Campuses:

Isogeometric Analysis of Fluids, Structures and Fluid-Structure Interaction

Thursday, November 4, 2010 - 12:00pm - 12:45pm
Keller 3-180
Yuri Bazilevs (University of California)

Isogeometric Analysis [1] is a recently developed novel discratization technique that is based on the basis functions of computer-aided design and computer graphics. Although the main motivation behind the development of Isogeometric Analysis was to establish a tighter link between geometry modeling and computational analysis procedures, the new technology demonstrated better per-degree-of-freedom performance than standard finite elements on a broad range of problems in computational mechanics. This better efficiency of isogeometric analysis was attributed to more accurate analysis geometry definition and higher-order smoothness of the underlying basis functions. In this presentation, I will give an overview of the early developments in isogeometric analysis of fluids and structures. I will aslo give a summary of approximation results for the function spaces employed in isogeometric analysis. In the main body of the presentation I will show our recent work on isogeometric shell structures, turbulence modeling and fluid-structure interaction (FSI). I will conclude by presenting our recent isogeometric FSI simulations of a wind turbine rotor operating under realistic wind conditions and at full spatial scale in 3D [2,3].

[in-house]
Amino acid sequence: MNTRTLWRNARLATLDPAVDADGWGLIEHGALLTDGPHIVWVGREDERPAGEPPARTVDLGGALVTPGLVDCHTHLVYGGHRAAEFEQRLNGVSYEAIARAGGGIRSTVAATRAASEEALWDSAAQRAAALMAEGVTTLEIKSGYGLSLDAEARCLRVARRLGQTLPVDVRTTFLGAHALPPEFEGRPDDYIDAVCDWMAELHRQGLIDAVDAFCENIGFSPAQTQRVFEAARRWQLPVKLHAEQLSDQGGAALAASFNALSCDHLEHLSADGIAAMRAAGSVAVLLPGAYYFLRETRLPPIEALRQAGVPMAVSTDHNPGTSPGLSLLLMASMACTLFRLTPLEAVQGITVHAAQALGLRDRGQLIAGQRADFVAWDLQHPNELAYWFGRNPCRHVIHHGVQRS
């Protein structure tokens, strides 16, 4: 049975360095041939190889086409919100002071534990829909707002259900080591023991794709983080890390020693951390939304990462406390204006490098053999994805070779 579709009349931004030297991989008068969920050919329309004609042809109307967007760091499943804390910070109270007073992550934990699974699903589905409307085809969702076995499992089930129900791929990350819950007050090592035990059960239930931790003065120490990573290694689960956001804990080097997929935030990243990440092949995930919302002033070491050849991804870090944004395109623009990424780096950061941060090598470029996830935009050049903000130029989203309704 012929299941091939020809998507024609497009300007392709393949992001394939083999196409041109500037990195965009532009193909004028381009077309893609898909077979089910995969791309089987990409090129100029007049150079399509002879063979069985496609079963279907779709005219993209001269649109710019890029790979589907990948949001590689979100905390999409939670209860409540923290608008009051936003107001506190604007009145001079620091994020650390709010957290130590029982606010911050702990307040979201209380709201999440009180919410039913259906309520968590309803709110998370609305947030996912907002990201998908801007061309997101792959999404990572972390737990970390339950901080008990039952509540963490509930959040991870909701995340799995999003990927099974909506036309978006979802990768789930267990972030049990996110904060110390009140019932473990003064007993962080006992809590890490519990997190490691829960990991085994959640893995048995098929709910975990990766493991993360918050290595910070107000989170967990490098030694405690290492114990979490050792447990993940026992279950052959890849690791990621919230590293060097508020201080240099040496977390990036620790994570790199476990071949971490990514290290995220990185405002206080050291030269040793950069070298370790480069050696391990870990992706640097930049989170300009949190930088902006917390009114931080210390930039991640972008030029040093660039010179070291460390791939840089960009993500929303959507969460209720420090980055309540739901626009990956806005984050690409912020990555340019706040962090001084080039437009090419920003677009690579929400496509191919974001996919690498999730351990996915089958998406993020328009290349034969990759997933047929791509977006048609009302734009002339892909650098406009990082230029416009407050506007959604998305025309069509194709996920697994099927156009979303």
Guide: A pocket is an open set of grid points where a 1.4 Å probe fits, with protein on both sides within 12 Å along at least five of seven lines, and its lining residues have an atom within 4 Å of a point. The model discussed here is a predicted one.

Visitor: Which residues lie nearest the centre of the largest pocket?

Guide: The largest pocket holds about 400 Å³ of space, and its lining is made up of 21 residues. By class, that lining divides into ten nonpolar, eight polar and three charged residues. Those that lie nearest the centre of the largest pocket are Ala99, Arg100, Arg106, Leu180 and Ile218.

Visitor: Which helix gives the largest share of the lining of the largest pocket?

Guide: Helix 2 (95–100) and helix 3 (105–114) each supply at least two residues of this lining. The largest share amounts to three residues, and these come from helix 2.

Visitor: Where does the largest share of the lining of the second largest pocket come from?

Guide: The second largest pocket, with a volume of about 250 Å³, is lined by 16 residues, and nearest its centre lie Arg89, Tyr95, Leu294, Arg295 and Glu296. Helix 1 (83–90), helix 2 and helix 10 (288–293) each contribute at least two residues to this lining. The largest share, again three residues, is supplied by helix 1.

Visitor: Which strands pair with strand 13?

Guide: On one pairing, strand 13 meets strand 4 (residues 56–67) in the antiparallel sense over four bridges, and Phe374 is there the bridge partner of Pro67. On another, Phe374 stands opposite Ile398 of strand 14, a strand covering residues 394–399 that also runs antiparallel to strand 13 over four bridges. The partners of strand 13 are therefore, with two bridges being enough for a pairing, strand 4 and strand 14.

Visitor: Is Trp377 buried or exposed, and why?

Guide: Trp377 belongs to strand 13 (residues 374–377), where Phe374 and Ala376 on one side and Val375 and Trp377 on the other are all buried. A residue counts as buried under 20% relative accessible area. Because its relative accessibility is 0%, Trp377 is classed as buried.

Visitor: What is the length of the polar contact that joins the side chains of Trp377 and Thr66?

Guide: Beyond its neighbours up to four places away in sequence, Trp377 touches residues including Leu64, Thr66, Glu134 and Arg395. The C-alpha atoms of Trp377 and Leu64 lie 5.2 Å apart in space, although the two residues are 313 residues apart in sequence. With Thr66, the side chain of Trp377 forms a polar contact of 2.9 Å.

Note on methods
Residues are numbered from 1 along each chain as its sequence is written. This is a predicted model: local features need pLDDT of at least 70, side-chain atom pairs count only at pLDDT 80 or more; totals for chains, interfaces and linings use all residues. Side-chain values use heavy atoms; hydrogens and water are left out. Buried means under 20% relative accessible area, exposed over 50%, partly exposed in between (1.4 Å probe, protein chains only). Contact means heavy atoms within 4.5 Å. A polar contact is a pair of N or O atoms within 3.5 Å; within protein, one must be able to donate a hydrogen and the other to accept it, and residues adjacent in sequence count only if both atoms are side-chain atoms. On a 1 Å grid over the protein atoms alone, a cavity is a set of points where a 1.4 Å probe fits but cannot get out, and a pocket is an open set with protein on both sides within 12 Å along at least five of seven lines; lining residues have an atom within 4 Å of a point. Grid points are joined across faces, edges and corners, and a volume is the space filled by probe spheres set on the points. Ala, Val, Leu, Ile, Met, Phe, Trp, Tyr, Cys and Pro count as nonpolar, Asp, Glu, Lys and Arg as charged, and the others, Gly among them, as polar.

References


[1] J.A. Cottrell, T.J.R. Hughes, and Y. Bazilevs, “Isogeometric Analysis. Toward Integration of CAD and FEA”, Wiley 2009.


[2] Y. Bazilevs, M.-C. Hsu, I. Akkerman, S. Wright, K. Takizawa, B. Henicke, T. Spielman, and T.E. Tezduyar, “3D Simulation of Wind Turbine Rotors at Full Scale. Part I: Geometry Modeling and Aerodynamics”, International Journal of Numerical Methods in Fluids, (2010). Published online.


[3] Y. Bazilevs, M.-C. Hsu, J. Kiendl, R. Wuechner and K.-U. Bletzinger, “3D Simulation of Wind Turbine Rotors at Full Scale. Part II: Fluid-Structure Interaction”, International Journal of Numerical Methods in Fluids, (2010). Accepted for publcation.


MSC Code: 
65D18